With David Lesperance
A contrarian expert on contingency plans for the wealthy delivers uncomfortable truths.
I have been assisting wealthy Americans legally and permanently leave the US tax system for over three decades. This process is uniquely complex because the IRS taxes not only on the basis of residence but also on citizenship.
In practice, this means that – in order to leave the US tax system – wealthy Americans must first acquire a second citizenship; they must then execute an integrated financial and immigration exit strategy.
If this exit strategy involved an alternative citizenship through lineage or citizenship by investment in an EU country the inevitable question that follows is whether this country will eventually follow the American lead and also tax based on citizenship. My answer, for three decades, was always ‘no’.
That is, until now.
Over the last three decades, three major developments have increased the likelihood of one or more EU countries adopting citizenship-based taxation (CBT).
#1 – European governments’ ability to locate their nationals abroad
As a result of computerization, all European countries keep excellent records of children born in their country and any children of their nationals who are born abroad. Depending on the citizenship rules, this means that they can identify new (and existing) nationals of their country.
It is no longer necessary for one of their citizens abroad to “register” their newborn at a local embassy. Tax authorities can still locate them. This is possible through simple data-mining using Google and other social media. Alternatively, they can use the troves of information secured through the Common Reporting Standard (CRS). Both methods are surprisingly effective in uncovering their citizens and their assets abroad.
Finally, information-sharing, multi-lateral intelligence alliances such as the Five Eyes and EU information-sharing have turned “if the government finds me” to “when the government definitely finds me.”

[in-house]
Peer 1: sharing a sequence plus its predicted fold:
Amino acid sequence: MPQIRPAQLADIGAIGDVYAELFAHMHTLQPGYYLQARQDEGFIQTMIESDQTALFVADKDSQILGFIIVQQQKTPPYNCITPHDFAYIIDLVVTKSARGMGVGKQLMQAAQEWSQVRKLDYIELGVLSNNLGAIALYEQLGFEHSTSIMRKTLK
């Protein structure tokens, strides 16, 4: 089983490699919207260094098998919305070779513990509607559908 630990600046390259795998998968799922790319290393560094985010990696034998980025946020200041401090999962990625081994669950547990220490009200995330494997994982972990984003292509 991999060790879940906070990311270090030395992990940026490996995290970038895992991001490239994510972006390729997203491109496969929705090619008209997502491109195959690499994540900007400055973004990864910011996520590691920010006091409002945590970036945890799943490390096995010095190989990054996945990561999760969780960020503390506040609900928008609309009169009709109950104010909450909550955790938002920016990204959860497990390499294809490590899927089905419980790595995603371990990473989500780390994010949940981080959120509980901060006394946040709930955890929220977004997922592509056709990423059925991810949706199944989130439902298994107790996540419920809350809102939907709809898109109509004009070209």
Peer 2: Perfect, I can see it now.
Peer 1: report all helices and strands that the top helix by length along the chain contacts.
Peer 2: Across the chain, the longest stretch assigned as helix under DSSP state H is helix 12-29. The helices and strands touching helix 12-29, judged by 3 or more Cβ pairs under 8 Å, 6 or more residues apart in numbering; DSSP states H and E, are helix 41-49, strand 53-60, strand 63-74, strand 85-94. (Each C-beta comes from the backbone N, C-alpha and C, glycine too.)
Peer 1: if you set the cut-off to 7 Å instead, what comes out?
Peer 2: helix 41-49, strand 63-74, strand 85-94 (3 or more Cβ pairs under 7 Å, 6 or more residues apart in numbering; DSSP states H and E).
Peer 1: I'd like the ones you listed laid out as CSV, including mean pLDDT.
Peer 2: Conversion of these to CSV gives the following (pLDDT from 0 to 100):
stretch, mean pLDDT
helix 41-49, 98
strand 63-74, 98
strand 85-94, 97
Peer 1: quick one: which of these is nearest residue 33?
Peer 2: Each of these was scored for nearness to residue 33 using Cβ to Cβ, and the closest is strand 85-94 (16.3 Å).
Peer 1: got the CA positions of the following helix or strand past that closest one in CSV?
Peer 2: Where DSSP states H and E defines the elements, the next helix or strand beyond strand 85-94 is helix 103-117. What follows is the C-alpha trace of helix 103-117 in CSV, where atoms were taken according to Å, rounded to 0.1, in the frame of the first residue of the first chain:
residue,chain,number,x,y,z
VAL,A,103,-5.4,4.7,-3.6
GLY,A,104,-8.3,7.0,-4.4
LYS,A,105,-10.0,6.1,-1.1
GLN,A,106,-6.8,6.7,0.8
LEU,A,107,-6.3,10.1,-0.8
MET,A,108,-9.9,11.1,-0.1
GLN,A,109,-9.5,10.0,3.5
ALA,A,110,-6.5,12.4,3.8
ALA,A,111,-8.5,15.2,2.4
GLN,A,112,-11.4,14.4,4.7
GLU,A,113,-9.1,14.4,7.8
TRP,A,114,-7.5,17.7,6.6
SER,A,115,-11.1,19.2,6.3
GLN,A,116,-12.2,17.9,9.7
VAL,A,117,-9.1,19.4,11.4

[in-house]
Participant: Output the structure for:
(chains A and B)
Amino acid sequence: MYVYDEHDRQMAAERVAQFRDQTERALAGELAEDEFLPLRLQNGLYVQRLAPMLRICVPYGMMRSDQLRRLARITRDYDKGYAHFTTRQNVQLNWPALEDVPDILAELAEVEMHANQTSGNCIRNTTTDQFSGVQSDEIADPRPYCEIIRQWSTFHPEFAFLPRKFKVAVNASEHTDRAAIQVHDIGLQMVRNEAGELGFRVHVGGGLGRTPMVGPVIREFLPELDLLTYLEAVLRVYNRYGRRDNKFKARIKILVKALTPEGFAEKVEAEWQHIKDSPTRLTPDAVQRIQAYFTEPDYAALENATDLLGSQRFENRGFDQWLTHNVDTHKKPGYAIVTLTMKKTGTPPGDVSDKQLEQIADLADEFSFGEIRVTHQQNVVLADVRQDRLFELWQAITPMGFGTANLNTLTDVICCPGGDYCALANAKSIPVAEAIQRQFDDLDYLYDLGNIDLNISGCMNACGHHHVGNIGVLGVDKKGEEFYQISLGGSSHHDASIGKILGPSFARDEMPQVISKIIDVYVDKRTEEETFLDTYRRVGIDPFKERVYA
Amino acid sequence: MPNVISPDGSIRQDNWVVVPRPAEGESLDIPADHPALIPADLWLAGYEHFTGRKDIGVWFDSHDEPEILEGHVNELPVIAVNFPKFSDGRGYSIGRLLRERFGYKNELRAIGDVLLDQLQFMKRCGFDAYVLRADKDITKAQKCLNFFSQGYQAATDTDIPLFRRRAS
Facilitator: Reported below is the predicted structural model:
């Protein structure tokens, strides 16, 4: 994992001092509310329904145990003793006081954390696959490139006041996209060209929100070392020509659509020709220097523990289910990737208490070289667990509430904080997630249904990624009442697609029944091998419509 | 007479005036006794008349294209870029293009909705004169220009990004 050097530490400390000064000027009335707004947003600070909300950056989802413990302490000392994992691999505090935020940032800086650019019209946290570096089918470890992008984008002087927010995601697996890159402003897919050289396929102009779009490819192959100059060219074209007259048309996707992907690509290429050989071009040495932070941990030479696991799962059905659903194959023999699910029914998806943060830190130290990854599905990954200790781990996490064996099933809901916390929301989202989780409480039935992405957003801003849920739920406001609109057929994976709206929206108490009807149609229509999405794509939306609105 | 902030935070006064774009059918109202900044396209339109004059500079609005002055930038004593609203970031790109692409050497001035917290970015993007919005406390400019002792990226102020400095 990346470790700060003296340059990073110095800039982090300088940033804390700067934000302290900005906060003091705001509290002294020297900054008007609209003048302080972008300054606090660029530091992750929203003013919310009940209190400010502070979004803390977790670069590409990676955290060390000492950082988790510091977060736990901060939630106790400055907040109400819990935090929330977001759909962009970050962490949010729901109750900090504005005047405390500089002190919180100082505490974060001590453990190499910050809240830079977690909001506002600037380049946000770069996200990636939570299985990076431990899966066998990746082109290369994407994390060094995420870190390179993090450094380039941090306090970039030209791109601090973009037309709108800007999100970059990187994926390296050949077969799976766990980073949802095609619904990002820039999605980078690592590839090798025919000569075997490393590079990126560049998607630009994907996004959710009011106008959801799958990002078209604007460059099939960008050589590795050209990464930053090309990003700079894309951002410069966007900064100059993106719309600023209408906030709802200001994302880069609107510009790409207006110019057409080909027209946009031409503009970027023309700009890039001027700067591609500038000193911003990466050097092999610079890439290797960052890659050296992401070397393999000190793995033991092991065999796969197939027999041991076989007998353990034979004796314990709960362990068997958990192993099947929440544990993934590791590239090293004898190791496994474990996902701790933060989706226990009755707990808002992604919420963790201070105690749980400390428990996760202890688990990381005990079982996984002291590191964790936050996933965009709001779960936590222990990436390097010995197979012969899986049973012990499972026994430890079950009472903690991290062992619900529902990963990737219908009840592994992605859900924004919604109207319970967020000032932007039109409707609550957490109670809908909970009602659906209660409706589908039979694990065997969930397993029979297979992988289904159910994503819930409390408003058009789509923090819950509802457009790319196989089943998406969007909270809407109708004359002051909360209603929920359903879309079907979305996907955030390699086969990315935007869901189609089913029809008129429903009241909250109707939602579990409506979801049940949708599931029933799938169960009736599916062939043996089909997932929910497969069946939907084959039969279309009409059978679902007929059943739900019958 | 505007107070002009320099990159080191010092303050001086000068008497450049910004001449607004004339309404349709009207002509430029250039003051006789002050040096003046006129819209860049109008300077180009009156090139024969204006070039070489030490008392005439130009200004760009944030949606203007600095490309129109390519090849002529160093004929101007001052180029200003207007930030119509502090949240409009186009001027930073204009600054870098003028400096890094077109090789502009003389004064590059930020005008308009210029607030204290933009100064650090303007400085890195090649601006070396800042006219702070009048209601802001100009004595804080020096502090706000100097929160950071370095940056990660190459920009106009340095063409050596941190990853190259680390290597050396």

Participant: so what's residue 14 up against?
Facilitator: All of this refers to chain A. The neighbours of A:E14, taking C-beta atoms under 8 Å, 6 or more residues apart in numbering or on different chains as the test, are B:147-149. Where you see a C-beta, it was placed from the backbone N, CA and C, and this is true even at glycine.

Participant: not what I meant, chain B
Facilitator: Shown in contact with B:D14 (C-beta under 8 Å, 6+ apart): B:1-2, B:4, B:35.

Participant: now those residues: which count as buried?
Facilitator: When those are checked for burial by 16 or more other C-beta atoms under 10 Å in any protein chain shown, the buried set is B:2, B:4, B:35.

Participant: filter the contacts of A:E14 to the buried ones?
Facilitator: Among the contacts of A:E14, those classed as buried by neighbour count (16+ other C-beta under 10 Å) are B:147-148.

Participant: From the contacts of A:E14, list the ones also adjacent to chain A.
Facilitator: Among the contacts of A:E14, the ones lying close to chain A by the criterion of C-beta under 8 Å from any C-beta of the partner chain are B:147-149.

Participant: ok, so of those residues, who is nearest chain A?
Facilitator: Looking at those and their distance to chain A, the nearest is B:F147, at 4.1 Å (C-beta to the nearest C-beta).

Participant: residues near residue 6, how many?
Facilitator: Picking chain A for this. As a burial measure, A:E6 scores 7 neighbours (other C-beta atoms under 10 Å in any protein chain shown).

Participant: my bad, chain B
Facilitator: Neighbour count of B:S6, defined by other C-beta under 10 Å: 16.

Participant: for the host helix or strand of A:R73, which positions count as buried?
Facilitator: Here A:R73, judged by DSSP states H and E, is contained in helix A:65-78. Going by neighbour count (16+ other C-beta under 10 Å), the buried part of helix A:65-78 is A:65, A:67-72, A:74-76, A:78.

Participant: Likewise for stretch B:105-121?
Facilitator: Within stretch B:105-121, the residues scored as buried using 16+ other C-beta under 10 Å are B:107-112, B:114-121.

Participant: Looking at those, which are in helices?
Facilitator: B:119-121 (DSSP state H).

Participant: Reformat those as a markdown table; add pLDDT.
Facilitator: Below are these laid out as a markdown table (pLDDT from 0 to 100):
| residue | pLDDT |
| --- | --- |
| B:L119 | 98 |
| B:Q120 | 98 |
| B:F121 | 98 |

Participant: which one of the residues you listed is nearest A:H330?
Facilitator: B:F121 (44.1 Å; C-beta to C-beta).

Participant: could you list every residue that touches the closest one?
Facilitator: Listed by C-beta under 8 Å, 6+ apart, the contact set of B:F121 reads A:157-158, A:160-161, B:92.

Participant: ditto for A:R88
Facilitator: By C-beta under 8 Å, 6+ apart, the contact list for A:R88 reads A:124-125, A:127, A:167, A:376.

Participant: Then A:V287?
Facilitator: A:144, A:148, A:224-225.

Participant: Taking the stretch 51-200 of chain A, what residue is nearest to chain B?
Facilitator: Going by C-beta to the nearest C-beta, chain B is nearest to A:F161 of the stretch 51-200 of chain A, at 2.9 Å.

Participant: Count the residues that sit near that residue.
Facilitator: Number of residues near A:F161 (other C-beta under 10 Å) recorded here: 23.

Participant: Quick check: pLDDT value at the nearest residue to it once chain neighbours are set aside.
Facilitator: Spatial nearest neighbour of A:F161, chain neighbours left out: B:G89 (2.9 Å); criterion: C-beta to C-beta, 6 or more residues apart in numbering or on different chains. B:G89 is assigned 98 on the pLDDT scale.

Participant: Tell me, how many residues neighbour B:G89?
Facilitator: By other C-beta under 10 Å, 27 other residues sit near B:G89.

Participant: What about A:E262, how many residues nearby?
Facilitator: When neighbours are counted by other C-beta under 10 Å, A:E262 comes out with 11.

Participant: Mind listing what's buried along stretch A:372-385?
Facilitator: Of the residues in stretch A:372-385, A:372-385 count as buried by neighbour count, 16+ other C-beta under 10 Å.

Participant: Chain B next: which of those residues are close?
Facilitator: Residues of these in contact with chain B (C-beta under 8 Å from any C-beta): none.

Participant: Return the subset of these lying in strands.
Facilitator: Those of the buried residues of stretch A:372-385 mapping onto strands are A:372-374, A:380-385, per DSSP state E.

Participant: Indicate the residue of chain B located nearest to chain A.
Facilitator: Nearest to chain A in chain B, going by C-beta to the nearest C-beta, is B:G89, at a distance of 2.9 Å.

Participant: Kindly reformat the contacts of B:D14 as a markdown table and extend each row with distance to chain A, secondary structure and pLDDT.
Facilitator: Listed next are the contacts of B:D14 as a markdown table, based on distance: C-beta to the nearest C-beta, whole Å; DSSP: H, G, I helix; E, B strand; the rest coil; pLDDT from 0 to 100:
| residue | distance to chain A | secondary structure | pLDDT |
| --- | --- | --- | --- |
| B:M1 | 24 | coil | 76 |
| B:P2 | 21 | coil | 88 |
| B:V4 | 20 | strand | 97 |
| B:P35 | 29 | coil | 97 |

#2 – European governments’ ability to enforce taxation on foreign source income and foreign source assets
Supplementing CRS are “mutual legal assistance treaties” and “mutual collection” clauses in tax treaties. These allow an EU country to assess tax liability and then enforce tax collection.
#3 – The future tax revenue needs of every EU country have significantly increased
In response to the Covid-19 pandemic, every EU country has taken on huge deficits. When addressed, this additional debt will undoubtedly require additional tax revenues. As a government cannot get “blood from a stone”, it will undoubtedly continue the tradition of targeting the wealthy for more revenue. This will undoubtedly be egged on by the populist tax-the-rich rhetoric already being spewed.
In light of these three developments, it was not wholly surprising that voices in the UK and elsewhere floated the idea of adopting CBT. In fact, last year, China started its version of CBT and has begun to selectively tax the overseas income of some of its nationals.
What preventative action can you and your clients take now?
My message to wealthy families is simple: The implementation of CBT in a country in which your hold a passport is the equivalent of your house catching on fire.
Depending on your assets and income, such a fire might be financially catastrophic. Therefore, simple prudence would recommend that you acquire the “fire insurance (or Back-Up Plan) of alternative citizenship(s) and residence(s). If the possibility of such a policy becoming law increases, the acquisition of a fire escape plan, such as those that wealthy Americans now follow to escape US taxation, could be a financial lifesaver.
At the end of the day, the money spent acquiring these simple precautions will be nominal compared to the potential financial devastation that may impact the unprepared. And right now, lots of European politicians are playing with matches!
David Lesperance is a global leader of international tax and immigration advisors.
A published author in the field, his personal interest in these areas of law grew from his experience working as Canadian immigration and customs officer while studying law. Since being called to the bar in 1990, he has established his expertise with major law firms, his own law firm and as a private consultant. David has successfully advised scores of high and ultra high net-worth individuals and their families, many of whom continue to seek his counsel today. In addition he has provided pro bono advice to many governments on how to improve their Citizenship by Investment, Residence by Investment or Golden Visa type programs to better meet the needs of his global clients. David is supported by a team of professionals, some of whom have worked with him since the early 1990s.